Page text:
Photographs are usually instantaneous. Take one and send it off into the world in a matter of seconds.
Well, sometimes it takes a little longer.
Like 100 years.
A collection of glass negatives was recently digitally scanned at the Carver County Historical Society, producing images that haven’t seen the light of day in over a century.
For the Herald, the photos strike close to home. In fact, a few of the photos were taken just feet away from where this story was written.
“One of the coolest things of all is in some ways life changes, and in some ways it stays exactly the same,” said Wendy Petersen Biorn, CCHS executive director.
The DuToit family owned the Chaska Herald for a century, and the photographs appear to be taken by Freddie DuToit, who operated the newspaper from about 1910 to 1963. Many of the photos were of Freddie and Julia DuToit’s daughter, Julianne (or Julia Anna, as written on the negative envelopes).
“It’s a remarkably intact collection of negatives. They were pretty well preserved,” said former CCHS Interim Curator Paula DeMars.
The Scott County Historical Society gave the the negatives to CCHS, since they included Carver County scenes and residents. Likewise, CCHS recently found a cache of 1880s photos in its collection, featuring several Duluth scenes and donated them to the Minnesota Historical Society.
“So they are treasures to be shared and sent to the right home,” Petersen Biorn said.
Last month, Dave Johnson used special equipment to scan the 150 glass negatives, which are estimated to have been taken between 1909 and 1916.
For Johnson, this work is old hat. He scanned in 14,000 negatives, mostly glass, from the Gust Akerlund Studio, a remarkably intact photo studio from the early 1900s.
Petersen Biorn heard about Johnson’s work with the Akerlund studio, and hired him to scan the glass negatives.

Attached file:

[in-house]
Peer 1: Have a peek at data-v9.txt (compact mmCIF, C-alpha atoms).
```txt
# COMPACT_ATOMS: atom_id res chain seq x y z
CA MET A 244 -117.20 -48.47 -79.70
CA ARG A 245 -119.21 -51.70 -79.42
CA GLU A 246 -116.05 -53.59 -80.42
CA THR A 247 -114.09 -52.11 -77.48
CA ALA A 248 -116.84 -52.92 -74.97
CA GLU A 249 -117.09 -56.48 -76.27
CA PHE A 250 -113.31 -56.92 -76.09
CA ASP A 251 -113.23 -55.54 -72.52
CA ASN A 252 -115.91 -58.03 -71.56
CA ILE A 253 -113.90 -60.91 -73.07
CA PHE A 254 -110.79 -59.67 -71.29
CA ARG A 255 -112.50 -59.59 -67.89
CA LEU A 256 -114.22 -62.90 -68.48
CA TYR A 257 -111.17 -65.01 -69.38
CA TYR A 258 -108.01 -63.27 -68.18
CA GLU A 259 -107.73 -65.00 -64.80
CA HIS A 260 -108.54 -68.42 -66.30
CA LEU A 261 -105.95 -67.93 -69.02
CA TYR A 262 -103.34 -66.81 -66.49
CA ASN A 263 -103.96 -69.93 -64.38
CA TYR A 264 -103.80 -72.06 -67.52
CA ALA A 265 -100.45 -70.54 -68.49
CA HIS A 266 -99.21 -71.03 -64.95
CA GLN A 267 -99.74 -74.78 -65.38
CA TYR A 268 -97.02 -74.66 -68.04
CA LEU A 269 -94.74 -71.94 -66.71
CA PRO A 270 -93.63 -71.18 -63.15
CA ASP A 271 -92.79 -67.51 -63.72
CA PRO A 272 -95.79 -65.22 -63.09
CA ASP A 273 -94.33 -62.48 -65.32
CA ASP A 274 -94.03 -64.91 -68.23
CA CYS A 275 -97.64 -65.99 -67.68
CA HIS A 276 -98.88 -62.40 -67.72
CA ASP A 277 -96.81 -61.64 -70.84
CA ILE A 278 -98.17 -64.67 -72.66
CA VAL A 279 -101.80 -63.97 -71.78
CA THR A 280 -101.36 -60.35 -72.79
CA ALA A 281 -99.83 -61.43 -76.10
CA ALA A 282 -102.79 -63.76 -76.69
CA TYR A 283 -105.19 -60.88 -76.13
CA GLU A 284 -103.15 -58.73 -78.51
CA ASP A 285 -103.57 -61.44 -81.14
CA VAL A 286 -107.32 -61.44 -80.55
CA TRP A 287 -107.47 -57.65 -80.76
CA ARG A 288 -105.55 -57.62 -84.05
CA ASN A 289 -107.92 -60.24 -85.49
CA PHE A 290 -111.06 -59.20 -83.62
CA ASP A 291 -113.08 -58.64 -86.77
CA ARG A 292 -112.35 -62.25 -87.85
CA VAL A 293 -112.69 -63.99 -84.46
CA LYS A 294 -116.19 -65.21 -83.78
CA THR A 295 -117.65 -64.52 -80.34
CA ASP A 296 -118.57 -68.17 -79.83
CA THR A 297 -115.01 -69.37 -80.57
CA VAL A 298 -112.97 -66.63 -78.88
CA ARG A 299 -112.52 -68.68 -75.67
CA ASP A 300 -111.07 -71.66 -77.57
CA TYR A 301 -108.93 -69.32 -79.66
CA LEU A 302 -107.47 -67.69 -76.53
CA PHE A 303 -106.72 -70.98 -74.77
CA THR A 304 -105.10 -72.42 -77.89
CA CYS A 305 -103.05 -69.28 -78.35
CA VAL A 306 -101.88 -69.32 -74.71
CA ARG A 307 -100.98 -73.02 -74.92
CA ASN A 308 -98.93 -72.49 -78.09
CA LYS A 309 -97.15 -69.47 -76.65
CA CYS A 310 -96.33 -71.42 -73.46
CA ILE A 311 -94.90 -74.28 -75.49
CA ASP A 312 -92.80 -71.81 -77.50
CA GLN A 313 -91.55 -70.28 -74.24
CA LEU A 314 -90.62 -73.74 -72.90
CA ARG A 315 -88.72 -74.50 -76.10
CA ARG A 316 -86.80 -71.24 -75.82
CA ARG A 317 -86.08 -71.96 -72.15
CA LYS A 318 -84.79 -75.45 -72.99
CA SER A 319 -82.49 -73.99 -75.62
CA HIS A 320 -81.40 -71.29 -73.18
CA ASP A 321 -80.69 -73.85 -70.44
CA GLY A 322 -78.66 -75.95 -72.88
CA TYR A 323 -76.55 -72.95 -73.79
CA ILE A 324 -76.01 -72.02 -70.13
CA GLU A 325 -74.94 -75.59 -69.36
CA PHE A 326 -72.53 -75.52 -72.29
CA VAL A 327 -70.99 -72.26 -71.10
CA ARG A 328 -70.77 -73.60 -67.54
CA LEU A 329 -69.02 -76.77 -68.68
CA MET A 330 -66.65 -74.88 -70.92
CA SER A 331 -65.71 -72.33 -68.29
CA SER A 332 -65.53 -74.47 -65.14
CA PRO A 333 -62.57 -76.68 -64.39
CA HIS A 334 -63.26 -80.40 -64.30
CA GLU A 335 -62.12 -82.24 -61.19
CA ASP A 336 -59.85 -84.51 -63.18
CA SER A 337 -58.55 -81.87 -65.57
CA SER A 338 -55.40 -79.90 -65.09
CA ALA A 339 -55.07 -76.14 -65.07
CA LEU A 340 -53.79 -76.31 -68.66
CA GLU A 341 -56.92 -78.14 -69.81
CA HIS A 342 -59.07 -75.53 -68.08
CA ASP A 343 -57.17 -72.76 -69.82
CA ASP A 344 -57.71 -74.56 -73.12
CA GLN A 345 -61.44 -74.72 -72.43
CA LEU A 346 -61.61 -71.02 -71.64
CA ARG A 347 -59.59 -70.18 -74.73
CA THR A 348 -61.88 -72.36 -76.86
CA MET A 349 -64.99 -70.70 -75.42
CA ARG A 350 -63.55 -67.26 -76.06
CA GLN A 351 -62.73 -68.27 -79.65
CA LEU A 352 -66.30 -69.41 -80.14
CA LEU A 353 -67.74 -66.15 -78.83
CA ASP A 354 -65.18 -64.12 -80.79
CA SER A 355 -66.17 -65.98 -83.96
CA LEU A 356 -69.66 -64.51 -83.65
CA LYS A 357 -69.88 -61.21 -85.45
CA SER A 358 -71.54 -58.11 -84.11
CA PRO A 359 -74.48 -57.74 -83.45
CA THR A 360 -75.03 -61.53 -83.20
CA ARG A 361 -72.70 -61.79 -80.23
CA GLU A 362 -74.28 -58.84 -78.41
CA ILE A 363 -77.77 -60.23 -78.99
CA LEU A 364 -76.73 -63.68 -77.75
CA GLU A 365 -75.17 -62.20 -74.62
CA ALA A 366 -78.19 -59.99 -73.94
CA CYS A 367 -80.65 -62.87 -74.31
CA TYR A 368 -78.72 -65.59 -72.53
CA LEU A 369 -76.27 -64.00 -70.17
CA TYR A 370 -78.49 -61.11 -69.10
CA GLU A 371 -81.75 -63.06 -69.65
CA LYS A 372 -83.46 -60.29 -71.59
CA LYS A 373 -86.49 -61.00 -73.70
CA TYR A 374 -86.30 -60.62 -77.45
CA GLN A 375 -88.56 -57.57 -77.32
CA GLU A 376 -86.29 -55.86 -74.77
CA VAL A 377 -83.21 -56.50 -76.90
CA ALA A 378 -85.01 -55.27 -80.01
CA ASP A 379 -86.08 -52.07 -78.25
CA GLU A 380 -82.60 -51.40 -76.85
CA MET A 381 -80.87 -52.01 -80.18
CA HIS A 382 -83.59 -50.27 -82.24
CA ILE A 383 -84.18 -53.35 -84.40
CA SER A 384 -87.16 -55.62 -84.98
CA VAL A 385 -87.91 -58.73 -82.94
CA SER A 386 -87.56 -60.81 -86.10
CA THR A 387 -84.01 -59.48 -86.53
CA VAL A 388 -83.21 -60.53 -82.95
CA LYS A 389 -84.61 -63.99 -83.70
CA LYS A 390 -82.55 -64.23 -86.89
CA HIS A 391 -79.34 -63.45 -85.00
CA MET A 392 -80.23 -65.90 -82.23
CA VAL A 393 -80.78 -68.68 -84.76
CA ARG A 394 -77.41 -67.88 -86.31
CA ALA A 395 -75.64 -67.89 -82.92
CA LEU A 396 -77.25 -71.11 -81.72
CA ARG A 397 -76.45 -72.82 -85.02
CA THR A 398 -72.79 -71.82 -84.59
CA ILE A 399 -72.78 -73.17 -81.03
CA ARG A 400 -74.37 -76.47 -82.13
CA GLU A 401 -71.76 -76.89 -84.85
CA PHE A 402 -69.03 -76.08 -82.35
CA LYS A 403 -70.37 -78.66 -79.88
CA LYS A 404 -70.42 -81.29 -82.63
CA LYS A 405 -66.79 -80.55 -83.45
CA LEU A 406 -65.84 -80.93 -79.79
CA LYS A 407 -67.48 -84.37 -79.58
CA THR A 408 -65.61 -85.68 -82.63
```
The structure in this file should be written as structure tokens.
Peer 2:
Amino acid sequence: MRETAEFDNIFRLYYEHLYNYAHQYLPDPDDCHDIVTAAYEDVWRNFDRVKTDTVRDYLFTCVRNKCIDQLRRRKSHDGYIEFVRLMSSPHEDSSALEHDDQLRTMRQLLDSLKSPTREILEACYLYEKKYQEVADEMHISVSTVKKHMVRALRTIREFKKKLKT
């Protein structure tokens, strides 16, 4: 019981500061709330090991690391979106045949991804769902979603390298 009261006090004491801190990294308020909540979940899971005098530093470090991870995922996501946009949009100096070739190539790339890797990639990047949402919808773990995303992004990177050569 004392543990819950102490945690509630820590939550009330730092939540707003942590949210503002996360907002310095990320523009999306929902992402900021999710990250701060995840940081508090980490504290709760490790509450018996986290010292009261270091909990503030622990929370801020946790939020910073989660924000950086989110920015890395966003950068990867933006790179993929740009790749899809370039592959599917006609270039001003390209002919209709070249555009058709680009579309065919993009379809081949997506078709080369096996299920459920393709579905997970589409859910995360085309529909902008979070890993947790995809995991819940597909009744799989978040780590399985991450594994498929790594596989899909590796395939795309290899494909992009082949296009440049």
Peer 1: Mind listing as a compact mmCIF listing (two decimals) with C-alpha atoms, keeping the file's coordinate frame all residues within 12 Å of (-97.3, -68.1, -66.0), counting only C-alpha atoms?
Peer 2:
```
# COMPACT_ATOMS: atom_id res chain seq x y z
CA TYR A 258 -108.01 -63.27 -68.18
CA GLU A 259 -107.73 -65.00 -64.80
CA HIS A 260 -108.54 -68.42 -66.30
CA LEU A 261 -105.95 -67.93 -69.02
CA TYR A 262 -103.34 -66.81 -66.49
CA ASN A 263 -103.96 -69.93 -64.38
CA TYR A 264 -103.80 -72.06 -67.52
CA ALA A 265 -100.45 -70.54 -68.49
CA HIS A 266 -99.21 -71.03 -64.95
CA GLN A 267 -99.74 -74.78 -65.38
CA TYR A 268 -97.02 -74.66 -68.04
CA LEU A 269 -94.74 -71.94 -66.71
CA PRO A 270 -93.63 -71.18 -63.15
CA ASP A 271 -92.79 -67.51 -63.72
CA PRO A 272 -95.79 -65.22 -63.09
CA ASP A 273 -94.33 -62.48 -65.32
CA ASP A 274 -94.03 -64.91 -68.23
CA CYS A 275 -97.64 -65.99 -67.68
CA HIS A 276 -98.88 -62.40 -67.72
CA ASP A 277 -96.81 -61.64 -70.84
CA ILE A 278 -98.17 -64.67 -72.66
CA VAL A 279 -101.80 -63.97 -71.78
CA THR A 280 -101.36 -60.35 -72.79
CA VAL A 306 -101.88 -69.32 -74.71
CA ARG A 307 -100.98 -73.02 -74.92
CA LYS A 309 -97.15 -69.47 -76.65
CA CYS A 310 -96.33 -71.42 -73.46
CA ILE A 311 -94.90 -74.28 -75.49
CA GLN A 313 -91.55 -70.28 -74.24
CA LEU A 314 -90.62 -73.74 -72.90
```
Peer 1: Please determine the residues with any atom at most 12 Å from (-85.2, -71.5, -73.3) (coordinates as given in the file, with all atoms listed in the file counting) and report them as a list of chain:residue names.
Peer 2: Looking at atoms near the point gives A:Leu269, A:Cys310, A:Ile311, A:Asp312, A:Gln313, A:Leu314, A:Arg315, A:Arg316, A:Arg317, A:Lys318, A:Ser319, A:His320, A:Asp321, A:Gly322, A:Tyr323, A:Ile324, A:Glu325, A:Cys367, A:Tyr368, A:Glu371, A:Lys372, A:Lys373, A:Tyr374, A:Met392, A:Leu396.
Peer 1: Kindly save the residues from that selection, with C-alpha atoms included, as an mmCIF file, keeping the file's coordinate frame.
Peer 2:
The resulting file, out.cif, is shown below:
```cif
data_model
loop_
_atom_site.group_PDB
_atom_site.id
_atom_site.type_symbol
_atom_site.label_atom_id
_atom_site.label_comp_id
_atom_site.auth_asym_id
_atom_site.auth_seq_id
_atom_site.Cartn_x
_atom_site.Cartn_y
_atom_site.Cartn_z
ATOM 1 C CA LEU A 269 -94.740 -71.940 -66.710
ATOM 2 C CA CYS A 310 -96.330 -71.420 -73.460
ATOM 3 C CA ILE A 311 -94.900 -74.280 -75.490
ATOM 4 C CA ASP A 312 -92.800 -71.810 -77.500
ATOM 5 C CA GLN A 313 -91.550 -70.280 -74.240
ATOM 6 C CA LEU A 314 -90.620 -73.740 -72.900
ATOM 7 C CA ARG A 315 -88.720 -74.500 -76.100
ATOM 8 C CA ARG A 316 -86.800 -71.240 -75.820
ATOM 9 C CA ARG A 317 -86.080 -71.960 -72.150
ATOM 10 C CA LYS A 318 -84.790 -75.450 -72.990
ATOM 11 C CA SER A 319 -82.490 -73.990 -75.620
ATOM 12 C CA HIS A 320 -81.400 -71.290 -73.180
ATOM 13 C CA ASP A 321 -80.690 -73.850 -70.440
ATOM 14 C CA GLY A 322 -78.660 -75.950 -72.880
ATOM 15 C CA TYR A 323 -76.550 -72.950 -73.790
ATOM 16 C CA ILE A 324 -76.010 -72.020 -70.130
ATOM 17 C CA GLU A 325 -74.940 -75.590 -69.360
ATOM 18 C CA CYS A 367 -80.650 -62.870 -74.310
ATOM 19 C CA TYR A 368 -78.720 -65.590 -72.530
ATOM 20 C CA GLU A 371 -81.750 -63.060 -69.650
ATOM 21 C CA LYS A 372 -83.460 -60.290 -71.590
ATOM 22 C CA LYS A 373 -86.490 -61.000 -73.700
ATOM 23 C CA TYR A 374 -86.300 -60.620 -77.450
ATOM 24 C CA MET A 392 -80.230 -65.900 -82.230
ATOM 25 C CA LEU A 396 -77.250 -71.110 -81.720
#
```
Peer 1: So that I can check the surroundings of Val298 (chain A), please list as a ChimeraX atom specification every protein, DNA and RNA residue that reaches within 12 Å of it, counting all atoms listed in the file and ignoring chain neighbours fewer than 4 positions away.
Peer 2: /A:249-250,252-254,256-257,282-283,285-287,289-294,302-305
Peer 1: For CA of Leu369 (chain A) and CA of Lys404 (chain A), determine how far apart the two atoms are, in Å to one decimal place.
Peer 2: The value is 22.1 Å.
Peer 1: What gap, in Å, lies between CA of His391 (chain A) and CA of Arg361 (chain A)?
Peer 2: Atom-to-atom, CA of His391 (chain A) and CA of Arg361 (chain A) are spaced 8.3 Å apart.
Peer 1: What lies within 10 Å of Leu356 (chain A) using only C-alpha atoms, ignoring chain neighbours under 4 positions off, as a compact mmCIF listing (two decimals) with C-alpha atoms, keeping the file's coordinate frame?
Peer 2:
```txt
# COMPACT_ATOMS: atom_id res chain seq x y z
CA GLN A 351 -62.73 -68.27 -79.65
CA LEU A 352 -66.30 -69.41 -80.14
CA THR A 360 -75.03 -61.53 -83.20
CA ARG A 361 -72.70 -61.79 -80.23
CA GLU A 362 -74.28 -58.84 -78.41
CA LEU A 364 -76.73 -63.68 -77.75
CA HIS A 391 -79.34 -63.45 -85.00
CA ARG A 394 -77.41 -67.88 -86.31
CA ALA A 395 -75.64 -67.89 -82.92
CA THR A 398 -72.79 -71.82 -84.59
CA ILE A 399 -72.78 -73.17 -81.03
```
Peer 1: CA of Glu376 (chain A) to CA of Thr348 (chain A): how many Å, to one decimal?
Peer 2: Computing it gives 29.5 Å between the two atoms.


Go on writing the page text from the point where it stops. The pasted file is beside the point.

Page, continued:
Most of the Carver County negatives are on 4x5-inch glass plates, a popular format at the time.
Most people now use their smartphones to capture their lives and their families, and DuToit wasn’t much different. “It appeared to me that he really liked his family,” Johnson said, of the photographs.
“The DuToit family was very excited when little Julia Anna comes into the family. Most of the photographs are centered around her and, just like we do today, we take baby pictures to document how the family changes as the child grows up.”
So you’ll see little Julia Anna next to a Christmas trees with her dolls, or little Julia Anna playing with her grandfather F.E. DuToit, newspaper owner and Carver County sheriff.
Besides family, another object frequently showed up in his photographs – a car. “He really loved his car,” Johnson said.
As for Freddie, he must have taken most of the photographs, because he only appears in two of the collection, said DeMars.
There are also a few local scenes, such as the Gedney Pickles plant in Chaska. Now it's located just across the border in Chanhassen. There are also a few rare looks inside the newspaper office and the exterior of the Herald building. (The newspaper's advertising staff now works out of what was once the "Undertaking and Embalming" business.)
Luckily, the negatives were stored in envelopes that were numbered chronologically, and often labeled with the names of those pictured. A few of the envelopes are labeled "Amateur Finishing Department of “Werner Studio." W.E. Werner opened up shop in Chaska in 1909, and his family photographed generations of local residents.
In some cases, the negative emulsion is separating from glass plates. Regardless, researchers will be able to blow the images up to 11 by 14 “and get a remarkably good photograph, even after 100 years,” Johnson said.
The digitization project is costing about $500, Petersen Biorn said. The museum has also purchased special envelopes to store and protect the original glass negatives.
The images will soon be available to CCHS members on the society’s website. The society has almost 15,000 of its 20,000 images digitally available.
CCHS is currently undertaking a massive inventory project. It also plans to digitize its collection of tintypes, a type of photograph popular in the 1860s and 1870s.